EFFECTS OF ALCOHOL USE ON BRAIN DISORDERS AND COGNITION
Heavy alcohol consumption has both immediate and long-term detrimental effects on the brain and neuropsychological functioning (Delin and Lee 1992; Evert and Oscar- Berman 1995). Heavy drinking accelerates shrinkage, or atrophy, of the brain, which in turn is a critical determinant of neurodegenerative changes and cognitive decline in ageing (Meyer et al. 1998).
pubs.niaaa.nih.gov/publications/arh25-4/299-306.htm ... See MoreSee Less
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Tomorrow Josh Connolly will be joined for #lunchtimelives at 12pm by Toby Williams,
Toby is a political writer and a real activist for COAs so please tune in over on Instagram and get involved in the conversation during #COAWeek2021 ... See MoreSee Less
The Adapted Child (inner teenager) is a child’s version of an adult that developed to protect the Wounded Child. Often a perfectionist, harsh, contemptuous, unforgiving, arrogant, grandiose, and judgmental. Sees the world in black and white, and only cares about surviving. Views intimacy as a threat, and can be the aggressor or identifies with the aggressor. To help engage the Functioning Adult, reparenting and healing the Adapted Child is key. ... See MoreSee Less
Seana's Story - one of thousands unheard. ... See MoreSee Less
𝙃𝙚𝙖𝙡𝙞𝙣𝙜 𝙏𝙧𝙖𝙪𝙢𝙖 & 𝘼𝙙𝙙𝙞𝙘𝙩𝙞𝙤𝙣 | 𝘿𝙧. 𝙂𝙖𝙗𝙤𝙧 𝙈𝙖𝙩𝙚: 𝘾𝙤𝙙𝙚𝙥𝙚𝙣𝙙𝙚𝙣𝙘𝙮 𝙖𝙣𝙙 𝘽𝙤𝙪𝙣𝙙𝙖𝙧𝙞𝙚𝙨
Codependency is, like triggers, perceptions, and just about every other part of ourselves, a function of what we learned as children. It has many facets, but a key part of it is a strategy of connecting our value or worth to what someone else does or doesn’t do. And co-dependency, as its name implies, requires two or more people. Typically, one is caretaker or ‘enabler’, the other is the dependent. Often, the roles between the two interchange. But it isn’t a one-way relationship; the enabler often gains a sense of worthiness, a means of control, or some other benefit, while the dependent is, in some way taken care of. It is rarely an effective relationship in the long term.
Codependency is a topic that has entire books written about it. This post is in the context of addiction and families, where codependency is nearly always present. But before we go further, note that codependent behaviors are learned from our parents and the environment we grow up in. Our parents, in turn, learned it from their parents. No one wakes up and decides to be codependent, and no one intends to behave that way. So let’s put aside any judgment or shame,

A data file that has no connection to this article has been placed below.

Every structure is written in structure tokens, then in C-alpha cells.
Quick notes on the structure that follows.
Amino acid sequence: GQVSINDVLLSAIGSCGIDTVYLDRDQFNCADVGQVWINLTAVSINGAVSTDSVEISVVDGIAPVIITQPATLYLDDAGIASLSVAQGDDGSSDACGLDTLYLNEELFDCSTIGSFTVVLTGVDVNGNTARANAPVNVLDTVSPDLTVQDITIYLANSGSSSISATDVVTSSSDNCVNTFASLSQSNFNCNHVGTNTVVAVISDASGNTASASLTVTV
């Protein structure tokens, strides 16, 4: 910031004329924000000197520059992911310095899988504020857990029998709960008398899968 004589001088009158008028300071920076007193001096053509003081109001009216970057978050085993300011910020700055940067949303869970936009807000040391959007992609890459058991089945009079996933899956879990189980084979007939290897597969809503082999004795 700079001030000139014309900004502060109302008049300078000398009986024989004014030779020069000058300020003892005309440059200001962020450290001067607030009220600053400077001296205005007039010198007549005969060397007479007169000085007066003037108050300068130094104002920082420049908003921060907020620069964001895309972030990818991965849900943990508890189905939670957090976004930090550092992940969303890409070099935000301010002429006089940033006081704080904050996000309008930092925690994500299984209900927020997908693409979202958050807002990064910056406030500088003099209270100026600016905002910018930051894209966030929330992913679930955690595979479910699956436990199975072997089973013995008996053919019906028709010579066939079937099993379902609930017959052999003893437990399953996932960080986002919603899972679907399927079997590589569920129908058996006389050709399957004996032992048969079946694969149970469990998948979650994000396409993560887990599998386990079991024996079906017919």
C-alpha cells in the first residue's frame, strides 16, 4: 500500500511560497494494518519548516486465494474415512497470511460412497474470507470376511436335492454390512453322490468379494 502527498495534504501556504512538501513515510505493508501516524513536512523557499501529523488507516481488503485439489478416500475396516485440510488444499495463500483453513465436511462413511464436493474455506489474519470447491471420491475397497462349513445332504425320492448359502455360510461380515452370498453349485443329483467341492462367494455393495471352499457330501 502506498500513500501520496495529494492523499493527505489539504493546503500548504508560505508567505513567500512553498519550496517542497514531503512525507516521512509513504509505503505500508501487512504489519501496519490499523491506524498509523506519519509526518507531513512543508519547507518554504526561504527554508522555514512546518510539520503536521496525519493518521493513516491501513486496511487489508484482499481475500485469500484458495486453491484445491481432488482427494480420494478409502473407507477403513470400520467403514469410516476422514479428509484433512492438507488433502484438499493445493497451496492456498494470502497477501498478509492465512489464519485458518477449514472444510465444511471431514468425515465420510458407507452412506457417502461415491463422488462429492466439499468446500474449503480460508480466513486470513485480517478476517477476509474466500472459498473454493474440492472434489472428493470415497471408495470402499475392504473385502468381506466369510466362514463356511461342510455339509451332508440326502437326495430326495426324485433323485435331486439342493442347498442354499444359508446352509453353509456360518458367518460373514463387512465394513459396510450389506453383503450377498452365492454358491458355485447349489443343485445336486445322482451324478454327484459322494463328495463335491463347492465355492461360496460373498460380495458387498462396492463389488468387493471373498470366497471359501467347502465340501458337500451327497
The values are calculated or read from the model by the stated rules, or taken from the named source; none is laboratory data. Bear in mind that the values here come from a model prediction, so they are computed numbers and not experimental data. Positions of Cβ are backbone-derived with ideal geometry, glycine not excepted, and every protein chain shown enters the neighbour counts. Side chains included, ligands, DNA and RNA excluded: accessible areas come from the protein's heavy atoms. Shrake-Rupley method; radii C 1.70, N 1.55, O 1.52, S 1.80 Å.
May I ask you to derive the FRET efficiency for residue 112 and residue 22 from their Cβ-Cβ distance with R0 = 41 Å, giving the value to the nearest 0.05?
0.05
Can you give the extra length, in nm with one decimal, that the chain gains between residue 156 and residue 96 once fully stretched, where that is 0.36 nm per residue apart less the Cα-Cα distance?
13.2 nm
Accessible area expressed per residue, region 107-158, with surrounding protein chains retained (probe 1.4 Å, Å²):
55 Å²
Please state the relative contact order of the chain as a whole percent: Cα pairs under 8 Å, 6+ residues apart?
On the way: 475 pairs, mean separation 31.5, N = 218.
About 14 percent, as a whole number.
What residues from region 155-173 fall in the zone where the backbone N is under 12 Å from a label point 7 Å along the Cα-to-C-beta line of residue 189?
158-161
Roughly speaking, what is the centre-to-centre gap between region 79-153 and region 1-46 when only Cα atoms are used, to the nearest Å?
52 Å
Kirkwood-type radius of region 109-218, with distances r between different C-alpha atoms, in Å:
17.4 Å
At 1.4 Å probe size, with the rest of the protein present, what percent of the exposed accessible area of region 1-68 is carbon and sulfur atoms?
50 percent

Regardless of whether we’re the dependent or the enabler, codependency interferes with autonomy. It makes it hard to think for yourself. It makes for blurred boundaries. And many people use the word in a way that’s dripping with judgment or accusation: “Stop being codependent.” “If you weren’t so codependent, I could just live my life.” But if we can view codependency through the lens that Gabor is showing us, we might see a different perspective.
Think about codependency, boundaries, and what we’ve already learned about perception. Codependency, whether we are enabler or dependent, is driven by perceptions that are filtered by our earlier-in-life experiences. It’s further complicated by the intertwined nature of the connection between the codependents. All of these pieces fit together.
In our addiction-affected families, we often hear from the enabling person “I have to save him” or “She needs my help” or “I can’t just let him be on the street” or something similar. Conversely, we hear from the dependent person “I wish she weren’t so controlling” or “I wish she’d leave me alone.” Of course, we hear the opposite messages as well: “Why won’t you do this for me”, or “I can’t take this anymore.” Codependency represents a constant struggle between competing desires and needs, which are rarely met. Everything comes with strings attached. Both parties struggle with resentments toward each other. Boundaries (on both sides) are rarely respected.
In short, nobody’s happy. And that’s because our unmet needs and our filtered perceptions are getting in the way. If we’re an enabler, we probably want to be loved and appreciated. Or to feel needed. Or to gain control, so we don’t feel out of control. If we’re a dependent, we probably aren’t good at asking for our needs. Or we don’t feel confident. Or we don’t feel lovable. (Yes, a lot of those “feels” are perceptions, not needs. They’re used here for language simplicity.)
So much of the web of codependency is driven by perception and unmet needs. Here’s the catch: Understanding it intellectually doesn’t mean we can just change our behavior. We’ve spent decades learning it. The underlying behaviors and perceptions allowed us to survive. So it will take time to learn new, more effective strategies.
One of the first things we can do is simply acknowledge our behaviors. Talk to the people we’re connected with. Have conversations about codependency. Own our own behaviors, and ask the other person to acknowledge theirs. Agree to gently, respectfully, and lovingly point out or remind each other when we’re acting with codependence.
And… we can give ourselves, and those around us, permission to be imperfect. To fail. To fall into old patterns. We can recognize that overcoming these behaviors is a practice. It’s not something we achieve and are done with. When we do that, it’s much easier to accomplish.